One example of many the Follies of Structural conflict but resulted in many many many deaths.
World War One was seminal but almost avoidable but the structures leading to the war made it unavoidable. None of the Great Powers really wanted war in Europe. The fear of a strong German Empire made odd alliance with the French and Russians. England was heavily invested in keeping Belgium as a neutral party going so far as to protect it in case is sovereignty was compromised. During the nineteenth century major cultural and economic changes completely changed the societies of all the European powers. Industrialization and production of ridicules amount armaments was present in all the European powers. Most countries had navies, artillery and machine guns. Granted this arsenal was primarily used to control the United Kingdom’s and French colonies. With WWI all the weapons returned home. Mobilization took a long time and it was hard to demobilize. Capitalism and industrialization changed the way that societies functioned. Foucault called this biopower.
It did not take much to start the war. Archduke Franz Ferdinand was shot and Austria gave an impossible ultimatum to the Serbian Government. People tried to stop the war but the tinder was set in a volatile area. Once the war broke out masses of people were conscripted and the Germans wanting a swift victory against the French invaded Belgium. There was no stopping the war- it was like machine work how it unfolded, precision at first -like clock work in the beginning then years of slaughter all plans fell apart. The Russian government collapsed and two revolutions happened in quick secession. Chemical weapon were used, and charges against trenches and machine-guns, where thousand died, with the result of no movement in territories. Some battles have a million or more causalities. The Great Power system that prevented the war might have actually just made it more likely. The shifts of the relationship of the public body and the government had shifted significantly as well. No single person could have prevented the war.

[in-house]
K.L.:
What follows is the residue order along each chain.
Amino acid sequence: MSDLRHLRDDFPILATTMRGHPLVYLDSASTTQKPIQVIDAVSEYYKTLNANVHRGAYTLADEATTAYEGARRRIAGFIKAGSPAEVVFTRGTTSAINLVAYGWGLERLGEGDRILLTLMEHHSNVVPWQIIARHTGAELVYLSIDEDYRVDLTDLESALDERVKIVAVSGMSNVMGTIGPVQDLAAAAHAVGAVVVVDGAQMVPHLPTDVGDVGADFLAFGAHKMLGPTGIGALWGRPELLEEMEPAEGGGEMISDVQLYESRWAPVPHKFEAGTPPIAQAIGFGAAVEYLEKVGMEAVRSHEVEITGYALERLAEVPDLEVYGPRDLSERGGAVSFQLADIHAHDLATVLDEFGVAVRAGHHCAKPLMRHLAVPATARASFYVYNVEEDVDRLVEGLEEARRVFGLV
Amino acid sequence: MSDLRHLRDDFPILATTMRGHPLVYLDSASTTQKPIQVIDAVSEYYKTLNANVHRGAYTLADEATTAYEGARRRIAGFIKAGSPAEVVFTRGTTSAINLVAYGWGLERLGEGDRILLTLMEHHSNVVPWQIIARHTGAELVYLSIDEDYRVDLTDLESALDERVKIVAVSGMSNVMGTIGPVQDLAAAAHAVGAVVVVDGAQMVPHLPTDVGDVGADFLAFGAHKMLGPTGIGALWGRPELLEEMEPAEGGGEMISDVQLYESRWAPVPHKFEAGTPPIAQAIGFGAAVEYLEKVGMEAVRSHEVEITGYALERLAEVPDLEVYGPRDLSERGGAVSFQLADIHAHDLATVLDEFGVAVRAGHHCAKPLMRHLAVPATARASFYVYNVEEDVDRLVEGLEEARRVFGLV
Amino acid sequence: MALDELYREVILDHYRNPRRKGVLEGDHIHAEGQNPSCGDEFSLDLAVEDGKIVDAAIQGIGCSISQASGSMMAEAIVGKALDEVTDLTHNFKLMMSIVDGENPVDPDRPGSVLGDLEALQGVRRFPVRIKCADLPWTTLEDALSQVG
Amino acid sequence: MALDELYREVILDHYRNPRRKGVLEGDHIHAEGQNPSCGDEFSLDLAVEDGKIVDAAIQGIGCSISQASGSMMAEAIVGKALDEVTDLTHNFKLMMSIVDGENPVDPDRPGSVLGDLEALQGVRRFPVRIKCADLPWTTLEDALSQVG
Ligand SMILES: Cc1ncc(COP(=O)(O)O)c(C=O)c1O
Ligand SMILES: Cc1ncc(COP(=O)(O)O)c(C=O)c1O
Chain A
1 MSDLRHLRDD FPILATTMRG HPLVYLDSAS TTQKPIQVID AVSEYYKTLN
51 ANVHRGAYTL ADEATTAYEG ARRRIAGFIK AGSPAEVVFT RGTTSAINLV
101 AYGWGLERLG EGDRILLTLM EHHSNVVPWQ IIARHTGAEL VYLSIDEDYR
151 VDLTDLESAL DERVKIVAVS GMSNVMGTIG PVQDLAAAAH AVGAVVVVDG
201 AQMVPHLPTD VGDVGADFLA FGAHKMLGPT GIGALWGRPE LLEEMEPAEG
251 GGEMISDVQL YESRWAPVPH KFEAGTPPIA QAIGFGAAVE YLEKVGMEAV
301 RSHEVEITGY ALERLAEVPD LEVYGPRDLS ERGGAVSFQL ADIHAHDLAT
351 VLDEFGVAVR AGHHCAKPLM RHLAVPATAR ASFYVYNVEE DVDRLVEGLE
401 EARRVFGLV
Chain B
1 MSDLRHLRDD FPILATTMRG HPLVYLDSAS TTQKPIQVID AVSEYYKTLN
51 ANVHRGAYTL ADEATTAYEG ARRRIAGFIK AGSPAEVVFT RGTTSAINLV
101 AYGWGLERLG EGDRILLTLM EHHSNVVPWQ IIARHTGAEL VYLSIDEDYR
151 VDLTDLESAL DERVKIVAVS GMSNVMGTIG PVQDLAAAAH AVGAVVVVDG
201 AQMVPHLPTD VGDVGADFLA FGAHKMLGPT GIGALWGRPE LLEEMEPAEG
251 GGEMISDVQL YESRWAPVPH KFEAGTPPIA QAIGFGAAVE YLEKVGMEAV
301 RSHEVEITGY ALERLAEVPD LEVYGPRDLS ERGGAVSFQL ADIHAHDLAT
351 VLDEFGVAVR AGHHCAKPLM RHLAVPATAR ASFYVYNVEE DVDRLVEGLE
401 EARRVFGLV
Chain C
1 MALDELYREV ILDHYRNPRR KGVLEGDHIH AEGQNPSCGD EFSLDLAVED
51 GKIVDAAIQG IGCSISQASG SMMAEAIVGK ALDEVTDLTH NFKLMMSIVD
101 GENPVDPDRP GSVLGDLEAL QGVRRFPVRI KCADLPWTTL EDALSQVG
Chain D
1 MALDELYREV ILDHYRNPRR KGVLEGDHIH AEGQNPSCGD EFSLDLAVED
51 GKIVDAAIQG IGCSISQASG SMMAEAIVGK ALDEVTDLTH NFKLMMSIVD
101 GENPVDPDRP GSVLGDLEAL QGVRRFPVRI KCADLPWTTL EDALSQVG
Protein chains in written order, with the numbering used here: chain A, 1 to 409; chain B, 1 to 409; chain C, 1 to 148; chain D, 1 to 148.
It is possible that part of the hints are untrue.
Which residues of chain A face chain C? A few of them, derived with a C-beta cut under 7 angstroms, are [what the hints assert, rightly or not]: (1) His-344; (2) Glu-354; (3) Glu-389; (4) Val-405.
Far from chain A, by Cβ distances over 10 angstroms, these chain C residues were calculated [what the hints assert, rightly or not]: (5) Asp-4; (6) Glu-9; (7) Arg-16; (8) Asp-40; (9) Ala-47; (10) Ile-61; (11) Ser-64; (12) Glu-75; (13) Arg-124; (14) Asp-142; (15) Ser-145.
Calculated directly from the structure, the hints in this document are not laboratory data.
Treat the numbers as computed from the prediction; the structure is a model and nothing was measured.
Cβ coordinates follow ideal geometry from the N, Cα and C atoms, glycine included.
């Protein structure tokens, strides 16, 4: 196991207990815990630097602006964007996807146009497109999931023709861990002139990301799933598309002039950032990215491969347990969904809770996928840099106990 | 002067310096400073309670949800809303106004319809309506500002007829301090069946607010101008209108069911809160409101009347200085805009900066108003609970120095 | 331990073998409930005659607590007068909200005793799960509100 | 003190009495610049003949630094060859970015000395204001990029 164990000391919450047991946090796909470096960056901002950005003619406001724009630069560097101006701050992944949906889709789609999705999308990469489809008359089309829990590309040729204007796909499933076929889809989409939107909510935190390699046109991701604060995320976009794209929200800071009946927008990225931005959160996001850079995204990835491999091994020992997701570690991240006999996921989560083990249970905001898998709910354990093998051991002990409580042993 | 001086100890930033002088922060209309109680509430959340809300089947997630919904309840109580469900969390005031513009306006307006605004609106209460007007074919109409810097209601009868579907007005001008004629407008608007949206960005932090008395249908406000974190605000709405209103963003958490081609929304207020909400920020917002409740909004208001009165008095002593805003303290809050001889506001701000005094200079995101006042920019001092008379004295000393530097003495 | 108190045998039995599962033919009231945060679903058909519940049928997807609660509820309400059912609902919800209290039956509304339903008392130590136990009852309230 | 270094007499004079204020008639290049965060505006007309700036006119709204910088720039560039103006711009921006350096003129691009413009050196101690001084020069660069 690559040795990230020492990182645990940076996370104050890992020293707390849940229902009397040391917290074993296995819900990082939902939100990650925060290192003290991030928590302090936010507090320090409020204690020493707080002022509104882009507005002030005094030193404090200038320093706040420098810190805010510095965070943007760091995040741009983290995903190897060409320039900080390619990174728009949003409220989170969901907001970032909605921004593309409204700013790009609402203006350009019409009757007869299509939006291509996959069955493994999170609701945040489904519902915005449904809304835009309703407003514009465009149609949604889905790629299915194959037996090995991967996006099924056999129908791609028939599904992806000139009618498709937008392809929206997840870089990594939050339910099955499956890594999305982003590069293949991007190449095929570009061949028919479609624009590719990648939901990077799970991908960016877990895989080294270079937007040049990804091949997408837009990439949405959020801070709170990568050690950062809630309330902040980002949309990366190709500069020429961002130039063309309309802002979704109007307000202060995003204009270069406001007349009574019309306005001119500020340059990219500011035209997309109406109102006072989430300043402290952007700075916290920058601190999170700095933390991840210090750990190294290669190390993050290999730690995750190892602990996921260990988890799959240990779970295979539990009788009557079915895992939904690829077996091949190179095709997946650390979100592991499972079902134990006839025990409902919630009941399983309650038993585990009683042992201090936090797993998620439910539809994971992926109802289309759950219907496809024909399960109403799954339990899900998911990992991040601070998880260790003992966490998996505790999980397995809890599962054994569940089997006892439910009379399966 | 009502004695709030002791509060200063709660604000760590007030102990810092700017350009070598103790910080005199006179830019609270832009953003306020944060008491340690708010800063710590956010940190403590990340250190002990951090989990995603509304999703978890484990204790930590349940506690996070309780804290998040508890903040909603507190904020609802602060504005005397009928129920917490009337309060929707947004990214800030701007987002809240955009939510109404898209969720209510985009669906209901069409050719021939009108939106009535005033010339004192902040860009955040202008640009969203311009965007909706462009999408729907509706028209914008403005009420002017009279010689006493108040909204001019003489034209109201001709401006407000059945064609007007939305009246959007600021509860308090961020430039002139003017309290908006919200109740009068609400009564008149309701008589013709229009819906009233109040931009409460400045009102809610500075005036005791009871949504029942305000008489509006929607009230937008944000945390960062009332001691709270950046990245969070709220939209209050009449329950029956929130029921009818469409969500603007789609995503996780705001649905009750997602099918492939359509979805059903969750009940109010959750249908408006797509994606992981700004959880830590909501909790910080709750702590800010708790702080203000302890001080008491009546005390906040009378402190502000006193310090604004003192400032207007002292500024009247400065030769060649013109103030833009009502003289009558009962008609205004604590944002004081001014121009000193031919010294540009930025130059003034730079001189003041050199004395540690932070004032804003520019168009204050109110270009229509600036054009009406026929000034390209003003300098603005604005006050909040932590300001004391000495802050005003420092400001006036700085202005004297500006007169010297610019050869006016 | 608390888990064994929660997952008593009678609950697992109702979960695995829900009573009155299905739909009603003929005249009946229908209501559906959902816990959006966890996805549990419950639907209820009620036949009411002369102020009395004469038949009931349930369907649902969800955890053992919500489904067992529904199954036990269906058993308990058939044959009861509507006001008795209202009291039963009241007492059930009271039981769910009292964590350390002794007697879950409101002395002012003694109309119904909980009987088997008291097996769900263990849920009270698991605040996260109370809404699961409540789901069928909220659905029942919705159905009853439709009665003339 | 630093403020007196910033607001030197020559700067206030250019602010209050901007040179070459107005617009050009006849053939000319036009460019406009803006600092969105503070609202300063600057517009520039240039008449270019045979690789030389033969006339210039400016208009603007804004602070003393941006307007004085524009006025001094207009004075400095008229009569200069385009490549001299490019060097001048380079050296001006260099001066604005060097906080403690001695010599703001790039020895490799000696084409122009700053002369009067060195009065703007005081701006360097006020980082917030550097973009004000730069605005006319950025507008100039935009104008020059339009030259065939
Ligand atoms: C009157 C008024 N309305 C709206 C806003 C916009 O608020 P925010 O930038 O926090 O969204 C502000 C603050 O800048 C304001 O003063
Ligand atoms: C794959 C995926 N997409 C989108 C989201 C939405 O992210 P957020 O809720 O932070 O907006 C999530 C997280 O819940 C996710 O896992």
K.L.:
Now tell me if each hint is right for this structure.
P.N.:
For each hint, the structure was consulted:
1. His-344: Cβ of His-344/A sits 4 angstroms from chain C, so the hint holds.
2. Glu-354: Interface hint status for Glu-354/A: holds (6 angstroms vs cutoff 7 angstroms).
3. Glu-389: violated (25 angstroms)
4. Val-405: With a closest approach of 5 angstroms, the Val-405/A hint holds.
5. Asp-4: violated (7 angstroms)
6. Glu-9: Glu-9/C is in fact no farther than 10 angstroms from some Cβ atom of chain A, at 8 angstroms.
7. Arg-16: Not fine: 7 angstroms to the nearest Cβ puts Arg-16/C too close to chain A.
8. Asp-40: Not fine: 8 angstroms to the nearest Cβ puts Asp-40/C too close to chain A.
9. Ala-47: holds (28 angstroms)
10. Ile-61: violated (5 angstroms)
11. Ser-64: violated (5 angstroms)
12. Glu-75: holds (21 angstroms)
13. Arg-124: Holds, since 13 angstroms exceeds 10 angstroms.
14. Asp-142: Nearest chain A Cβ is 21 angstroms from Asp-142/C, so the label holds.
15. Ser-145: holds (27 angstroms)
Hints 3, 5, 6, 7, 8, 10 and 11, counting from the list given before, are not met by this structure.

Age of rage.
People have been so angry. It has been like this for longer than I can remember. I do not think anger is completely bad or the worst- but it can betruly awful and the worst. There is righteous anger but also there is anger that stems from a lack of power or fear that can be destructive. Anger out of control from a sense of frustration can lead to horrible effects- And quite frankly it is a joyless existence. It can be a loveless and joyless mode, to where the negative passions consume all activities.
It is where frustrations of the hidden conflicts emerge and unsteady the milieu in favor of wild and unpredictable movements and flows. I say movements and flows because I am talking about more than an individual, I am speaking as a culture or groups of people. Anger is evident from the boiling over of frustrations. If you gander on the various medias you see a seething rage constantly boiling over about everything.
There is rage against people’s favorite television show or movie. There is rage against the very anger against said television show or movie. It is constant and ever present. Wait in line and watch the rage of people buying things. See the anger in traffic. Anger, anger everywhere.